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Most of my research focuses on the interaction between volatiles and rocky materials on planetary bodies, which affects the formation and evolution of a planet's atmosphere and oceans. I started out working on Solar System objects like Io, Venus, meteorite parent bodies and the Earth. I have recently been really excited to apply similar models and techniques to the even wider variety of rocky exoplanets that have been discovered around other stars over the past few years.

Atmosphere of the Early Earth

The Earth's atmosphere has changed a lot since our planet formed. The present atmosphere is mostly made of nitrogen (N2) and oxygen (O2), but we know that O2 wasn't a major component of the atmosphere before about 2.5 billion years ago. Prior to that time, the atmosphere was probably mostly made out of N2 and CO2. However, there are no records of what the atmosphere was like during that time or earlier, so we have to rely on models to figure out what the atmosphere was made of in the earliest period of the planet (the time during which life first began). One way to approach this is to look at the kinds of materials that the Earth was made out of (e.g. meteorites) and try to calculate the composition of the atmospheres that they would produce when heated up, which simulates outgassing from a hot planetary interior.

Core Formation on super-Earths

Super-Earths - large rocky planets for which we have no analog in the Solar System - have much higher internal pressures than those found in the Earth. The effect of this higher pressure on the properties of mantle materials is mostly unconstrained, but may be significant. It's effect on viscosity may make mantle convection, and therefore heat transport and mantle outgassing, more sluggish. The high pressure may also effect chemistry in the deep interior which could hinder full interior differentiation into a silicate mantle and an iron core. Partitioning experiments at very high pressures indicate that the phase behavior that allows metal and silicate to separate during planetary differentiation may change behavior at pressures higher than those reached in the Earth's interior. Work on this issue is published in the Astrophysical Journal.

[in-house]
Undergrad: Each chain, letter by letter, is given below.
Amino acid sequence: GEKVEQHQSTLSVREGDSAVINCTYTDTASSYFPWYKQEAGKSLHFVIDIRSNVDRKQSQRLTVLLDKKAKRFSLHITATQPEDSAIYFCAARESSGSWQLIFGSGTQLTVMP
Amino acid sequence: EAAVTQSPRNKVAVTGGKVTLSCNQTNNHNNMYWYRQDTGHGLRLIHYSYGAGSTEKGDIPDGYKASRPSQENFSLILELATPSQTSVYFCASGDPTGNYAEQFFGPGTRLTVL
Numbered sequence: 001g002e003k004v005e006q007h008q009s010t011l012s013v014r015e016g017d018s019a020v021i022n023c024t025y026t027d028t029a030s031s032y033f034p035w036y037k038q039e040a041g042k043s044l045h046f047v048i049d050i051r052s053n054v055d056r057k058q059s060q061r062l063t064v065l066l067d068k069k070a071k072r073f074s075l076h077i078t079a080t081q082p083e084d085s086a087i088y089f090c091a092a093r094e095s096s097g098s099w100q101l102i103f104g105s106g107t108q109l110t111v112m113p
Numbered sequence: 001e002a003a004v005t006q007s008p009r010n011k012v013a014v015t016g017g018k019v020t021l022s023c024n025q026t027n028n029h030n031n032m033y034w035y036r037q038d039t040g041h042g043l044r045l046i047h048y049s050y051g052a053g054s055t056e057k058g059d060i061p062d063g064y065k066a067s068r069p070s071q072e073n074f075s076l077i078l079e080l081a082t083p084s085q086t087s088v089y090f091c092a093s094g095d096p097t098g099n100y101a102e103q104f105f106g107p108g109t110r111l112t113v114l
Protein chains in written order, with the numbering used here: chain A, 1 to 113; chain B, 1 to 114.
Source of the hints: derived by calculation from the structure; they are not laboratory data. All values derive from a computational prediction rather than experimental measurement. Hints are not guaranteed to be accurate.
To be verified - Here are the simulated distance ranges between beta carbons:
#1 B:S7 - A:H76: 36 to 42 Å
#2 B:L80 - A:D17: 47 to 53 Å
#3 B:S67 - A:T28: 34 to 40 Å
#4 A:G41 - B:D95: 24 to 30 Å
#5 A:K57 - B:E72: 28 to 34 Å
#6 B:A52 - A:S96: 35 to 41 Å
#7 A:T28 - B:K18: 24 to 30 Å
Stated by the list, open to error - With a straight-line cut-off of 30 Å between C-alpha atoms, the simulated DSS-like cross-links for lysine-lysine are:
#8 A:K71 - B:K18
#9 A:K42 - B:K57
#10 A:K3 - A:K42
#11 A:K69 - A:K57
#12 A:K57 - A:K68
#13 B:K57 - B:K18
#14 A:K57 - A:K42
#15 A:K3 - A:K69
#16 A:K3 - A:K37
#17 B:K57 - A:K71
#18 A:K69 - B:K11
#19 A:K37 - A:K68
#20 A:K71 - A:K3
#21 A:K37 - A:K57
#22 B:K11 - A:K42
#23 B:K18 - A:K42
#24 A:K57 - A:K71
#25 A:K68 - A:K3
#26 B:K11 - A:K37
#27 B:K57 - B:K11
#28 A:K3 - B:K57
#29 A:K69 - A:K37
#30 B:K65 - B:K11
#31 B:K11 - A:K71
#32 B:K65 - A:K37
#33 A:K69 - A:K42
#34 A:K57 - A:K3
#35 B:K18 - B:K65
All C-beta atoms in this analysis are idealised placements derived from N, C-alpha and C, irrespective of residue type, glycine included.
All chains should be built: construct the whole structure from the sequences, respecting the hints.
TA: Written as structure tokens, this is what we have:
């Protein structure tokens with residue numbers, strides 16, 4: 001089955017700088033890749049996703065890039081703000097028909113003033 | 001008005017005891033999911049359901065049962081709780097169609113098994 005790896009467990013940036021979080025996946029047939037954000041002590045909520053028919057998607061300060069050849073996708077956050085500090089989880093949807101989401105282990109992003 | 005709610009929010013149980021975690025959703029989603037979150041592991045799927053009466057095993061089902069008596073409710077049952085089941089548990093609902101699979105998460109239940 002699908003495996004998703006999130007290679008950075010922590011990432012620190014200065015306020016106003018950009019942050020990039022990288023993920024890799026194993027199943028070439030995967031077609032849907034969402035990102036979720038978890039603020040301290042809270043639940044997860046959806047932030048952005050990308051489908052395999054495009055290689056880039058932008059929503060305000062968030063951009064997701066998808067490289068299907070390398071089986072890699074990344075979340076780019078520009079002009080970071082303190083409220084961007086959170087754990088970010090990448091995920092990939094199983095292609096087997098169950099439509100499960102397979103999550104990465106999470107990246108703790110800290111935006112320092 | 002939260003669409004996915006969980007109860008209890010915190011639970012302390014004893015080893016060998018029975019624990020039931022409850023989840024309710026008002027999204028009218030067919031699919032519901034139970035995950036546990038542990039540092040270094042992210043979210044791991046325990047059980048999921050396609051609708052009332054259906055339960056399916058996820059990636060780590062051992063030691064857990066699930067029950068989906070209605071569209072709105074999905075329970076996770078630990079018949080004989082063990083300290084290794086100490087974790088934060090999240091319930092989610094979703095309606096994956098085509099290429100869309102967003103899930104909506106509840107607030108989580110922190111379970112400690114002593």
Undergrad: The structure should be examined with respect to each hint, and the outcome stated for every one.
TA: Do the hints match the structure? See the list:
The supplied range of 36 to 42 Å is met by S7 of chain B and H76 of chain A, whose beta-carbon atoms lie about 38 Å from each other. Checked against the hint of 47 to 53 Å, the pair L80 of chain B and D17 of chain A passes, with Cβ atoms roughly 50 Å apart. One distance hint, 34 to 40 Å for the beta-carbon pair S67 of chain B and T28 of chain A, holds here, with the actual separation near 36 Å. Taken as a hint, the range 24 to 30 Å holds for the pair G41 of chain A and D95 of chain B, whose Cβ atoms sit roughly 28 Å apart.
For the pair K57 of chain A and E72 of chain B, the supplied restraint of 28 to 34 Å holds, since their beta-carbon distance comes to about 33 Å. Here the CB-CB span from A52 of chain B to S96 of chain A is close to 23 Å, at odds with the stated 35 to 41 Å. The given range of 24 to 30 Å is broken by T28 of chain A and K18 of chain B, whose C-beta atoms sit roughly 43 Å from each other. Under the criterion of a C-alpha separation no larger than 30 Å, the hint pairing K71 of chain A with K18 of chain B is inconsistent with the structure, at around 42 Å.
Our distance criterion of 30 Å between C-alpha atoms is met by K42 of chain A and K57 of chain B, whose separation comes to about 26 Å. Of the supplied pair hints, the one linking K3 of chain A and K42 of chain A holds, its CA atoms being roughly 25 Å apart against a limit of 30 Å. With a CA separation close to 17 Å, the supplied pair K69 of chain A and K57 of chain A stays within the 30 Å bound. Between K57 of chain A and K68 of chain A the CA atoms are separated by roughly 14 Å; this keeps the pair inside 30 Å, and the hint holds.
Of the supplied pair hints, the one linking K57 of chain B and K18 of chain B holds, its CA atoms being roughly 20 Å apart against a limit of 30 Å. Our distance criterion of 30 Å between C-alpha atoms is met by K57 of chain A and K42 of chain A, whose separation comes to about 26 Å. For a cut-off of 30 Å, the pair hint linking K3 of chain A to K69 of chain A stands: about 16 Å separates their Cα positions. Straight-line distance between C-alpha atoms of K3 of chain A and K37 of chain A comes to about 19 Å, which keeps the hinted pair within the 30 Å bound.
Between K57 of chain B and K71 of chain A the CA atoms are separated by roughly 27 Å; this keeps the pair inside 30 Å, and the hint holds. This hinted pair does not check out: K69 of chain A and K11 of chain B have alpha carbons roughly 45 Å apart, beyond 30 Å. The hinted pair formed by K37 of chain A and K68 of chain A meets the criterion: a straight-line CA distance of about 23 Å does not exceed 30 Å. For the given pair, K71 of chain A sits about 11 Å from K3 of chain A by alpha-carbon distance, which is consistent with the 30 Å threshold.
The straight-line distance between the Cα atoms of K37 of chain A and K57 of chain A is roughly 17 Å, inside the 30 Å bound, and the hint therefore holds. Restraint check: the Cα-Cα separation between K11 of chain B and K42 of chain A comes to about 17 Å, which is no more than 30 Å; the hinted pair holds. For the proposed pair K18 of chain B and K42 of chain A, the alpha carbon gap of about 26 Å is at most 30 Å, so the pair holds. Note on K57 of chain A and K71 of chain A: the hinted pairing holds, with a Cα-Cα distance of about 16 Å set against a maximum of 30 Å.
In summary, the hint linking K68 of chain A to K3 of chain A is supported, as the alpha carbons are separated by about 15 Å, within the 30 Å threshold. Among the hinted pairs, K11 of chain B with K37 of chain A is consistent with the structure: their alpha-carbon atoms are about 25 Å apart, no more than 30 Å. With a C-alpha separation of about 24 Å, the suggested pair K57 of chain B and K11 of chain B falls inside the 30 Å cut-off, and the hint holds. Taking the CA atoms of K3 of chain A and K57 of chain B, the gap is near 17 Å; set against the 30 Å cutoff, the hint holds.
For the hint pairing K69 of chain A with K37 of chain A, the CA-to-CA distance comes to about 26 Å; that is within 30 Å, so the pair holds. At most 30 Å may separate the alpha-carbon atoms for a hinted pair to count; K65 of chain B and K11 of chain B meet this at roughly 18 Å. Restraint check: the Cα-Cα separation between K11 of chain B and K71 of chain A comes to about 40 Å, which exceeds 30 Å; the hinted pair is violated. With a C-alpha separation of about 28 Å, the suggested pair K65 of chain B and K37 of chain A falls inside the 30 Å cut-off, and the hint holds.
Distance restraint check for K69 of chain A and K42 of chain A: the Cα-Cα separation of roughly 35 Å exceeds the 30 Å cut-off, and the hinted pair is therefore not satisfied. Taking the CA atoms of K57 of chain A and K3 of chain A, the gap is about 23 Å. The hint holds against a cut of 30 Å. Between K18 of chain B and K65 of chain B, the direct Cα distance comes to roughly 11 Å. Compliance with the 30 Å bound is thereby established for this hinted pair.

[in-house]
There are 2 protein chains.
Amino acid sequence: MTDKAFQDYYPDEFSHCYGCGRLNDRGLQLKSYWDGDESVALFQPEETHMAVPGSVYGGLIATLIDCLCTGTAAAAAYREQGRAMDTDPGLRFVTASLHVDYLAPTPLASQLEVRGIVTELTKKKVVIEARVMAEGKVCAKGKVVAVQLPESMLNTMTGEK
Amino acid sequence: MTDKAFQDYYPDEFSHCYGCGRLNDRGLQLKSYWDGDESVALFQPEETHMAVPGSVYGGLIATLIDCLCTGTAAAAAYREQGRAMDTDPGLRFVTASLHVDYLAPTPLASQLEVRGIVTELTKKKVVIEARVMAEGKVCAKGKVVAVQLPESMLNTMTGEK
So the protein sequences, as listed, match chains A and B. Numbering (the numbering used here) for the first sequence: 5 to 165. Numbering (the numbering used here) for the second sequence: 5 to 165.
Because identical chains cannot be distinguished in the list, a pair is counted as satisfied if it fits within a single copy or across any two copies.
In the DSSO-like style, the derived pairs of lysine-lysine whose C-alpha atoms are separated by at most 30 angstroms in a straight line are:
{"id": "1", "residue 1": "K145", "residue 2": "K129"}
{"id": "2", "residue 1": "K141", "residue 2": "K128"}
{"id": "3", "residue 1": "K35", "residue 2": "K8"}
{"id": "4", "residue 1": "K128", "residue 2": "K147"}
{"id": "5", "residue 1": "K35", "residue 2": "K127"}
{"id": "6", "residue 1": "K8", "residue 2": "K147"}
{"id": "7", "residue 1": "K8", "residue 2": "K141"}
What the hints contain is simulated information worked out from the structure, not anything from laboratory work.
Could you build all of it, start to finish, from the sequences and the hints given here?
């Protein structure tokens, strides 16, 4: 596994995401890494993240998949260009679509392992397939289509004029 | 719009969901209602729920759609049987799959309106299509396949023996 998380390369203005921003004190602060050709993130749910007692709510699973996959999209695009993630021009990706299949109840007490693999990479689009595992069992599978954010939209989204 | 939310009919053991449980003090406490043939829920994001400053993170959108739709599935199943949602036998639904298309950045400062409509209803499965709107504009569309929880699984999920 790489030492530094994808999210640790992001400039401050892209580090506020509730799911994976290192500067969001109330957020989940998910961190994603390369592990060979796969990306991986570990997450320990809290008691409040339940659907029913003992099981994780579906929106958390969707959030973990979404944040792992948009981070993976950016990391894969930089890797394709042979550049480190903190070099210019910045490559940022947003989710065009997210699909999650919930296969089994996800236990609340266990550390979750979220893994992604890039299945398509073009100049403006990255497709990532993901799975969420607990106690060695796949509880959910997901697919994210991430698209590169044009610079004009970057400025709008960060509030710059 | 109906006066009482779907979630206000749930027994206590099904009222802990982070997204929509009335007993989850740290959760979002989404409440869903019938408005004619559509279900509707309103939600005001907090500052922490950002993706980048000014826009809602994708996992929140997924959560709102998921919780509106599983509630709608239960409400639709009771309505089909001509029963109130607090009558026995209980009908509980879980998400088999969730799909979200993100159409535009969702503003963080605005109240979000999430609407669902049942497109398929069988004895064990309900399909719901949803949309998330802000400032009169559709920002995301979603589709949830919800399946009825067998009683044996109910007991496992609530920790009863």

Ocean Formation and Planetary Thermal Evolution

The search for rocky exoplanets is essentially the search for possible habitable planets in other solar systems. However, astrobiologists believe that in order for life to originate on a planet, that planet must have liquid water (i.e., oceans). In our own Solar System, the Earth is the only example of a planet with surface oceans, but the presence of water on the surface is tied to our unique geological system of plate tectonics. On the Earth, volcanic outgassing of water from the mantle is balanced by loss of water to the mantle through subduction of water-rich oceanic seafloor. Much of this water is released immediately back to the surface through shallow, water-induced volcanism. However, a small but significant fraction of the water can be transported to deeper levels of the mantle. Mantle convection has therefore played an important role in controlling the size of Earth’s surface oceans over the planet’s lifetime.

The deep water cycle of Earth has been studied with parameterized convection models incorporating a water-dependent viscosity. The abundance of water in the mantle, which lowers the convective viscosity, evolves along with the mantle temperature. I have created a parameterized convection model that is extended to high pressures in order to study the deep water cycles of super-Earths. Assuming compositions similar to the Earth, our models indicate that ocean formation will be delayed on 5 MEarth planets by ~1 Gyr after planet formation. Although ocean mass on these planets increases with time, the oceans remain much shallower than for smaller planets, consistent with previous studies. Intermediate mass planets (2-4 MEarth) have immediate, but gradual outgassing and persistent oceans. Small terrestrial planets (≤ 1 MEarth) have rapid initial outgassing, but will gradually lose a significant fraction of their surface oceans due to mantle sequestration over their lifetimes.